International Judging System (IJS)

In the IJS, competitors accumulate points based on the degree of difficulty (base value) of each technical element and how well each element is executed (grade of execution, or GOE). Skaters also earn points based on their overall skating ability and performance level through program component scores.

Understanding the Results Protocol


The Technical Score

Each element is assigned a base value (highlighted in red above). Elements have levels of difficulty on which the base values are decided. During the program, when a team/skater executes an element, the technical panel identifies each element and determines its level of difficulty (Level ”Base” to ”Level 4”). The levels of difficultly are decided each season by the ISU and SKF.

In the above protocol, we have six elements:
AC2 = Artistic Circle, level 2
PB1 = Pivot Block, level 1
L3 = Line, level 3
ME2 = Moves Element, level 2
I3 + pi2 = Intersection, level 3 plus Point of Intersection, level 2
TrEB = Traveling Element, level Base

Once the base value is determined, the judges assign the element a Grade Of Execution (GOE, highlighted in orange above) within a range of +5 to -5, which is added to or deducted from the base value:

The sum of all elements with the grade of execution forms the technical score (highlighted in yellow above).


The Program Components

The judges also award points on a scale from 0.25 to 10 (in increments of 0.25) for three program components to grade overall presentation (highlighted in green above).

As with GOEs, the highest and lowest scores for each component are thrown out, and the remaining scores are averaged. The final program components scores are then multiplied by a set factor to ensure the total element score and program components score are balanced.

The three program components are:

Composition – The intentional, developed and/or original arrangement of the repertoire of all types of movements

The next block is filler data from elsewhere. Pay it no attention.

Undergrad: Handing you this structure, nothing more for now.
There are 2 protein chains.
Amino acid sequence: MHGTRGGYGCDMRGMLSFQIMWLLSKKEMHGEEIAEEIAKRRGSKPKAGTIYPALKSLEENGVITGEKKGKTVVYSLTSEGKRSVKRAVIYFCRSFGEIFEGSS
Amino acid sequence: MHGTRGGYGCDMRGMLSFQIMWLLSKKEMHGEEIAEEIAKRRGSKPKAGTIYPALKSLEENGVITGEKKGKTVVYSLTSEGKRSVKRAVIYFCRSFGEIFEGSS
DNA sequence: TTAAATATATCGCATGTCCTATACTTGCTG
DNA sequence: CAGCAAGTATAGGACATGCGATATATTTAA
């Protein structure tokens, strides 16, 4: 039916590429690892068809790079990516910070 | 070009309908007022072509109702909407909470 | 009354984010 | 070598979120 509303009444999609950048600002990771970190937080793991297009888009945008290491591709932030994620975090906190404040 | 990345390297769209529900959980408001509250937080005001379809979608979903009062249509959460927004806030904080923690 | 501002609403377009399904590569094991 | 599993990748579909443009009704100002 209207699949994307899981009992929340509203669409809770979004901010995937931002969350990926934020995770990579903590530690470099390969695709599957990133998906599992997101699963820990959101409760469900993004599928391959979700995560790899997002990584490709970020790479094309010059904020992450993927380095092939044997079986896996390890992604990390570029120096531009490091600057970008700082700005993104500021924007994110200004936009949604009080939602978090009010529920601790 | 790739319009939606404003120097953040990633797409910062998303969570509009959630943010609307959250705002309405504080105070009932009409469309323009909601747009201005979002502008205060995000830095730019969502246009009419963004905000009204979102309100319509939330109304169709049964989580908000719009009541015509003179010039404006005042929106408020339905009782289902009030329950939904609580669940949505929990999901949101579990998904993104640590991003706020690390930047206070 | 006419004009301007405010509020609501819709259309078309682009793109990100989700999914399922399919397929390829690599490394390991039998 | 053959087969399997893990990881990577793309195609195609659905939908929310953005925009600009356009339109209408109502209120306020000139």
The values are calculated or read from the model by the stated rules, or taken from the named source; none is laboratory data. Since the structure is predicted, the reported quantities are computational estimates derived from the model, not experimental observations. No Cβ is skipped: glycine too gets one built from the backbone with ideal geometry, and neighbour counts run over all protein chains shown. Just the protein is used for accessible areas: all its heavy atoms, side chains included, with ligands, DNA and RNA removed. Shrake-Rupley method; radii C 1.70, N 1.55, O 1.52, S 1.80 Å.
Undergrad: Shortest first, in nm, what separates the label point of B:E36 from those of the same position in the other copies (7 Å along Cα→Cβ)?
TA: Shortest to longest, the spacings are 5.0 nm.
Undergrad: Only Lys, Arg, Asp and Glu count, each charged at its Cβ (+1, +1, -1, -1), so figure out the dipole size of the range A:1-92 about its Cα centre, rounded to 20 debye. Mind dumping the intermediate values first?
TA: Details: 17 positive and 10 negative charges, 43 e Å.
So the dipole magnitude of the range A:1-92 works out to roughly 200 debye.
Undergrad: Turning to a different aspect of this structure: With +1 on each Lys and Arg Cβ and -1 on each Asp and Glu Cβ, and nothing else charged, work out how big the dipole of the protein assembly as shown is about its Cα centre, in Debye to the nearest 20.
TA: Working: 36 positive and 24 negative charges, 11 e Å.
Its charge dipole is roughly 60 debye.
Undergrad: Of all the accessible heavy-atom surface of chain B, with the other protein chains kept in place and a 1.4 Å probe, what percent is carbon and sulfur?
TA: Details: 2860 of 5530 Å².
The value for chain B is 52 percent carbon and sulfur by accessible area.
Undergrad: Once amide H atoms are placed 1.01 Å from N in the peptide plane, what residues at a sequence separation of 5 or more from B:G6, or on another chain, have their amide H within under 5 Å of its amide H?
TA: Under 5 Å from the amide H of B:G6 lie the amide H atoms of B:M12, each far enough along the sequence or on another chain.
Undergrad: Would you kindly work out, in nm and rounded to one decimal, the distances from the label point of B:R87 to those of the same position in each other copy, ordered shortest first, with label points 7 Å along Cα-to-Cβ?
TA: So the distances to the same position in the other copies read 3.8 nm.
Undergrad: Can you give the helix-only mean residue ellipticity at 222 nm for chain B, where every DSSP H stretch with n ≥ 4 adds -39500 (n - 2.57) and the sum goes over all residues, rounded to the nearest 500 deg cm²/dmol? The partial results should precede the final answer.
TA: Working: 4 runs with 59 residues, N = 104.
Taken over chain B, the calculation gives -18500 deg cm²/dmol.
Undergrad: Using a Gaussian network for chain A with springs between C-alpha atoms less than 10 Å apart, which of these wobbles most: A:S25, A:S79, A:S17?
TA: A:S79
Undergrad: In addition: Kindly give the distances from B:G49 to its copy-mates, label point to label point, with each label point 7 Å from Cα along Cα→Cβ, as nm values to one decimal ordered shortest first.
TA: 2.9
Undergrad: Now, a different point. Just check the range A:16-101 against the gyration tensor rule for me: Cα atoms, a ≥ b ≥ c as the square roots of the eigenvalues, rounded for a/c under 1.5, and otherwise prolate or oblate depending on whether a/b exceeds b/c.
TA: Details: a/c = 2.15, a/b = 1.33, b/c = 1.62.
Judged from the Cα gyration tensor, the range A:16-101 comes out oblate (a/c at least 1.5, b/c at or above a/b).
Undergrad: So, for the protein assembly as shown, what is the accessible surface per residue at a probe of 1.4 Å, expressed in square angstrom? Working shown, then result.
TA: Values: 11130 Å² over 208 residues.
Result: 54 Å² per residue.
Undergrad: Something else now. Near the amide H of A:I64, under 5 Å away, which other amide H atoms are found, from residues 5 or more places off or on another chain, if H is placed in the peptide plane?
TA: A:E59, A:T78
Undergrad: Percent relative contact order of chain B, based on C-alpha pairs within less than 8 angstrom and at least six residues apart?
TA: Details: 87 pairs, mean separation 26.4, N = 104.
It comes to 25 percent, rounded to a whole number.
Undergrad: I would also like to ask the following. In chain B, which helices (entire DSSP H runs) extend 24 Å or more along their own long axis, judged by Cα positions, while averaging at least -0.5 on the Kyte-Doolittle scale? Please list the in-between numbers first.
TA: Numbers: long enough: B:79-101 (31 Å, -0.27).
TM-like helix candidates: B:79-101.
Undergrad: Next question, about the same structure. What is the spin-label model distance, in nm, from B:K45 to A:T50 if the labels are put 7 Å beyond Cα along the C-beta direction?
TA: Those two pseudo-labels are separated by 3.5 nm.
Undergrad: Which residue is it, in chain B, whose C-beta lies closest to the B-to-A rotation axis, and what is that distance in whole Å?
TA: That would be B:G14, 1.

into a meaningful whole according to the principles of proportion, unity, space, pattern and musical structure.

Presentation – The demonstration of engagement, commitment and involvement based on an understanding of the
music and composition.

Skating Skills – The ability of the skater to execute the skating repertoire of steps, turns and skating movement, with blade and body control.



Deductions (highlighted in blue above) can happen in the case of, among other things, a fall during the competition performance. If something is dropped on the ice during a performance, this can also lead to a deduction.


Total Segment Score

The total element score (highlighted in purple above) is added to the program components score to determine the segment score. The scores for each segment are then added together to determine the competition score. The skater with the highest competition score is declared the winner.


Who are the officials?


The Technical Panel

A technical panel of five people includes a technical controller, two technical specialists, a data operator and a video replay operator. During each performance, technical specialist 1 identifies each element and the level of difficulty as defined by the International Skating Union.

The technical controller and technical specialist 2 support the primary technical specialist to ensure all elements are correctly identified. Final decisions on elements and levels are determined by the majority opinion of the controller and two specialists.

Both specialists and the controller are recorded with an audio tape during each program, and video will be available to verify calls. The elements can be reviewed after a skater’s performance, and scores can be changed accordingly. The scores are final once they are posted and announced to the public.


The Judges

A maximum of nine judges make up the judging panel at a competition. The judges focus completely on scoring the quality of each technical element and the five program components for each skater. A computer keeps track of comparative scores, records results and calculates totals to determine placements.